1.  The original Blackthorn Key series was absolutely fantastic.  I got a copy of it during the summer of 2015, and I made it the book for our novel-study unit a few weeks later.  I couldn’t put it down, and I’m glad that Kevin Sands has kept up the series.

2.  Christopher and Tom’s friendship is one for the books (hehe).  They get along so well, but more than that, you can tell that they have genuine respect for one another.  Christopher is, by now, known for getting himself into scrapes – completely by chance, of course – and solving riddles to get out of them.  But Tom is equally important in this adventure, and I’m glad that this is addressed in the opening pages, for while Christopher has saved London numerous times, his best friend has saved him just as often.  It’s a really great friendship that I love to read about.

3.  The addition of Sally (and Bridget) to the fold is aces.  Some of my kids weren’t too thrilled about it at first, but they eventually came round to appreciating Sally’s role with the boys.  Indeed, she does a great job again in this story where she handles her own as the Lady Grace.

4.  Kevin Sands is funny.  The banter among the trio is funny and witty – totally my type of humour.  Christopher is always thinking up crazy schemes, and Tom is one step ahead of him.  Well, he just knows his best friend well.  Even though he never stops Christopher from doing things, like turning famous paintings in the Louvre upside down, he’s comfortable enough to give Christopher a piece of his mind.  And Sally is great at keeping the peace between the two of them when things get too hot to handle.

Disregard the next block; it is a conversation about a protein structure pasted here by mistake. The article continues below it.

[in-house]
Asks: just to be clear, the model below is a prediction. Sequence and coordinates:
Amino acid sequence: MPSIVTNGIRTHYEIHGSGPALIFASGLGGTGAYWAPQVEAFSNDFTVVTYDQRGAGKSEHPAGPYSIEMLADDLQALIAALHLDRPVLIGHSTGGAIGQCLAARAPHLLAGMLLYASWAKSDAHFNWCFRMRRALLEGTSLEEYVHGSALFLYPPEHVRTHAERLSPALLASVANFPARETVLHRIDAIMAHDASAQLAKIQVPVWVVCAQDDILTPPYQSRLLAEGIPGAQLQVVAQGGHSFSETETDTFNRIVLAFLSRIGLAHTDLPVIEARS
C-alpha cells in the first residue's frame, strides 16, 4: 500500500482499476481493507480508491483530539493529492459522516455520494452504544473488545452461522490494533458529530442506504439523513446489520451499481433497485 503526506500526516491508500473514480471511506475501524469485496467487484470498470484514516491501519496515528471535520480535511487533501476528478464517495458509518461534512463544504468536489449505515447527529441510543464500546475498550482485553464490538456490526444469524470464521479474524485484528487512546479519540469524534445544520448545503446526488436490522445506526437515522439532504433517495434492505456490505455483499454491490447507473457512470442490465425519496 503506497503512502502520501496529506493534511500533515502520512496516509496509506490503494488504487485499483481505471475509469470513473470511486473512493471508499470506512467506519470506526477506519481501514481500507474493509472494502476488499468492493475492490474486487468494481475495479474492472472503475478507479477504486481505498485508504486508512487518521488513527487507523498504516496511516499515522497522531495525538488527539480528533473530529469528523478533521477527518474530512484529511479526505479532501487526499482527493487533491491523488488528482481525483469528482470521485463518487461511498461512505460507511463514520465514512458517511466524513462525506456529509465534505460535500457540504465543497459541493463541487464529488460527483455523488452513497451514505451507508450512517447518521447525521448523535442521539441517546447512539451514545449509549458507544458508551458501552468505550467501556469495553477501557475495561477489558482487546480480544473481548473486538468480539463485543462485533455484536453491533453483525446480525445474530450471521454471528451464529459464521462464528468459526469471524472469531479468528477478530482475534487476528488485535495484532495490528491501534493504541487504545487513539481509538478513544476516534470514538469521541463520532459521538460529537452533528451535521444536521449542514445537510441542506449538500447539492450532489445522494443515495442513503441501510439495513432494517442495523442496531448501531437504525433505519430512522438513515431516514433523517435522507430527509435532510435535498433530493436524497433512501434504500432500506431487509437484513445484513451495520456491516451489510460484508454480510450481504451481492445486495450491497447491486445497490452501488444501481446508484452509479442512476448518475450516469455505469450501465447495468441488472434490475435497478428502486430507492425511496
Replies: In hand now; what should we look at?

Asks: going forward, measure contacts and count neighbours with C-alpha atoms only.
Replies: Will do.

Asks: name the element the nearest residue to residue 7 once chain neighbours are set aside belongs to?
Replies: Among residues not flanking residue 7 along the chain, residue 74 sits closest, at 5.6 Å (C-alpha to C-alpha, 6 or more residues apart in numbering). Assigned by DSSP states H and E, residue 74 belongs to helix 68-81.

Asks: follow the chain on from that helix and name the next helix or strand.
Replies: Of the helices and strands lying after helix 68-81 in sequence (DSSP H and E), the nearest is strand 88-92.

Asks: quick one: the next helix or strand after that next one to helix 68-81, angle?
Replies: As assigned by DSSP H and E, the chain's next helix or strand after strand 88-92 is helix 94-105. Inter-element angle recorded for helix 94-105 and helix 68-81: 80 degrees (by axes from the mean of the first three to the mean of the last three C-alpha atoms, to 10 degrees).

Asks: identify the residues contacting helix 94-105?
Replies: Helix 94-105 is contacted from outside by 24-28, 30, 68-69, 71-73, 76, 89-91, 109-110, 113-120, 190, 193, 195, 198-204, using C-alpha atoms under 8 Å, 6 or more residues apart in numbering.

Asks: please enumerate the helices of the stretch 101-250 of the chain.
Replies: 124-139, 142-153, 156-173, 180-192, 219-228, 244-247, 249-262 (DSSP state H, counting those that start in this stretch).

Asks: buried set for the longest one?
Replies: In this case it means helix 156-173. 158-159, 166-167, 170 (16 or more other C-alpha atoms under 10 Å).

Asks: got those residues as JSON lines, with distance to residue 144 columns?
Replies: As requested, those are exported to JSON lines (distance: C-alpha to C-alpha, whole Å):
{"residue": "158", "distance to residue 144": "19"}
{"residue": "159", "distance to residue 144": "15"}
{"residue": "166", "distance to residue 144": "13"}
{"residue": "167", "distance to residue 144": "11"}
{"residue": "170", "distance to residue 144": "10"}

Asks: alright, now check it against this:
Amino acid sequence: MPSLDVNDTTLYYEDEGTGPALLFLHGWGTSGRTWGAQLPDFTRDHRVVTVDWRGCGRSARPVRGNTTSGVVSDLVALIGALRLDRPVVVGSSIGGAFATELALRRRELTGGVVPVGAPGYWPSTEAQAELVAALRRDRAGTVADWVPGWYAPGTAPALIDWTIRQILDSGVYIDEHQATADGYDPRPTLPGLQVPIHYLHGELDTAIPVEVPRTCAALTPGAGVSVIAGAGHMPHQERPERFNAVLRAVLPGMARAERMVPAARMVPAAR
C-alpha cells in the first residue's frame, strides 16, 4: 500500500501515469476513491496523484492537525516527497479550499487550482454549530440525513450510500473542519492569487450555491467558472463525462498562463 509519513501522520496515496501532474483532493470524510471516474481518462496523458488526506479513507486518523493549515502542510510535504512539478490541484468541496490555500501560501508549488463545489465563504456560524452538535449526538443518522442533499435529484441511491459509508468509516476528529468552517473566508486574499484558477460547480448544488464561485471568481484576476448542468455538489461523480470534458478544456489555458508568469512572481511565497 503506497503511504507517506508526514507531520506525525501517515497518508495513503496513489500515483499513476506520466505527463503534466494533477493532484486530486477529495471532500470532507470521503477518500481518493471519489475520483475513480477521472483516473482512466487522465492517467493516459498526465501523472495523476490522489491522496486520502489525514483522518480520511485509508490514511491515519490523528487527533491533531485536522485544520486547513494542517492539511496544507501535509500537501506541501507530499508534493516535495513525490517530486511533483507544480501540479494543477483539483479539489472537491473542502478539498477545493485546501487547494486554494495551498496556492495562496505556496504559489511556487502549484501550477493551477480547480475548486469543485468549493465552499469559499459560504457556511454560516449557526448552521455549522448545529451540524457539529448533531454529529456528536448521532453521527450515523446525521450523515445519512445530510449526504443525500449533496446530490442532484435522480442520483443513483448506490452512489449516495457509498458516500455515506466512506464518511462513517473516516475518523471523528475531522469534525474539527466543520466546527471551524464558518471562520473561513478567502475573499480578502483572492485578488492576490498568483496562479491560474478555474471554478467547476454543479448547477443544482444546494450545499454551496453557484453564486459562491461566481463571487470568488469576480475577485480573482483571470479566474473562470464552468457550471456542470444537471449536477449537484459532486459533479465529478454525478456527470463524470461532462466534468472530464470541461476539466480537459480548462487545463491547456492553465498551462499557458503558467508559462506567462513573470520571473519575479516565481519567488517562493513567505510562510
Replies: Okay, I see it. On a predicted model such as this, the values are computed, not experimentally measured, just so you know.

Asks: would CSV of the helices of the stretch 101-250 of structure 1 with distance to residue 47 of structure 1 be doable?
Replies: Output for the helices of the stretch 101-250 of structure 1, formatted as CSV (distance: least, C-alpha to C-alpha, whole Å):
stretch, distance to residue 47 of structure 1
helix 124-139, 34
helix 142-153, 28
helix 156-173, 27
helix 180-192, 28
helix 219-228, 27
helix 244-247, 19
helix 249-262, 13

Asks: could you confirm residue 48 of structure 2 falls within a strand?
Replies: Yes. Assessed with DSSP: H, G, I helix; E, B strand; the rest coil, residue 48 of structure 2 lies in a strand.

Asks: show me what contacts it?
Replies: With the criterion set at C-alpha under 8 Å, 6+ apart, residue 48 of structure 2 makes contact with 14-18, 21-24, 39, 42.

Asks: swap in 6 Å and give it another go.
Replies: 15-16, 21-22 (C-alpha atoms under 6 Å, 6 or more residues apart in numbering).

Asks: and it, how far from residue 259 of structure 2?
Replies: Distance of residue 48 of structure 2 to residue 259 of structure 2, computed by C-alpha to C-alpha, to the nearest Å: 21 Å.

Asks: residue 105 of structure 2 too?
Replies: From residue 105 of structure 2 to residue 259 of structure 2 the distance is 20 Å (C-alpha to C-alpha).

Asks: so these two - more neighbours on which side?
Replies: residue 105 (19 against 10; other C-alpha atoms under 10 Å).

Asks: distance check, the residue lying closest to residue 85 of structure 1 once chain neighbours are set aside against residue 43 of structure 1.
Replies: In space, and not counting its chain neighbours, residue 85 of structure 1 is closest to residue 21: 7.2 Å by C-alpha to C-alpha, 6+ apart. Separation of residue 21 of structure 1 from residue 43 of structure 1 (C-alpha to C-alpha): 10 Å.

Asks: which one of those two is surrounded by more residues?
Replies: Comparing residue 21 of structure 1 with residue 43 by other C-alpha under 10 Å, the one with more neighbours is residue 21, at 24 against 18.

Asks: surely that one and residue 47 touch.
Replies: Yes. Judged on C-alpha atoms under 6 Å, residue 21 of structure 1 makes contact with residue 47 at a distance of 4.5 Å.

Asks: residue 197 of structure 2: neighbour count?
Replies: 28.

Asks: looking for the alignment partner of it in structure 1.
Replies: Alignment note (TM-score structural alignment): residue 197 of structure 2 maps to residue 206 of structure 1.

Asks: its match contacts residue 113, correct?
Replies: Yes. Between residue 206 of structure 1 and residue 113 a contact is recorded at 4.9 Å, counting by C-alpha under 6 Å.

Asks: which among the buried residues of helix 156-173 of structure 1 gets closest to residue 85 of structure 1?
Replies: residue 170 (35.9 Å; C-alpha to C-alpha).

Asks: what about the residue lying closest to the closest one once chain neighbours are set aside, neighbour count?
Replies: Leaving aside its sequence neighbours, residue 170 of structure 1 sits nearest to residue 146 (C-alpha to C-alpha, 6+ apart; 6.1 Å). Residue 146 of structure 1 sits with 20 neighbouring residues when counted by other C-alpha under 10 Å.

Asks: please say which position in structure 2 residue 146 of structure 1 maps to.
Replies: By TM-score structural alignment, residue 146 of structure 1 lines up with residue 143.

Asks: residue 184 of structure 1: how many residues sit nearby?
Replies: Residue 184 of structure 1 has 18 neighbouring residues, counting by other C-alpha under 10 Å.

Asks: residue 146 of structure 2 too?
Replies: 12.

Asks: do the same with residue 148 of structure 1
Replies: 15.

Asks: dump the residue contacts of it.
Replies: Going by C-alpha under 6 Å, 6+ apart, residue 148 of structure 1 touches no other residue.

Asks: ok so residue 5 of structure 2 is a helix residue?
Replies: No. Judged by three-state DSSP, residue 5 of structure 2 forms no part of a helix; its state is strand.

Blackthorn Key - Assassins Curse - Quote


5.  I love that this book takes the kids to Paris.  My students were so pleased to be able to translate the various French phrases before Sands gives their English translations.  In fact, I would have liked more of this in the story.  Maybe it’s because we all grew up with French classes every day, but I thought readers could’ve definitely handled the challenge of figuring out les expressions françaises.  I mean, it’s like a code in itself, trying to understand another language, eh?

6.  I’m so happy that Master Benedict is everywhere in this book, just as he is in all the other books.  I think his conversations with Christopher may be my favourite parts of the entire series.  Kids need to know – everyone needs to know – that the people we love leave indelible prints on our hearts.  I just love that Sands explores this.

7.  I think I like this book more than the second one, Mark of the Plague.  Not quite sure why.  It might be that the codes and puzzles feel harder this time round, or that it’s set in Paris, or that the kids are surrounded by royalty, or that the storyline is full of Knights Templar allusions … I just loved it all.  I couldn’t put it down.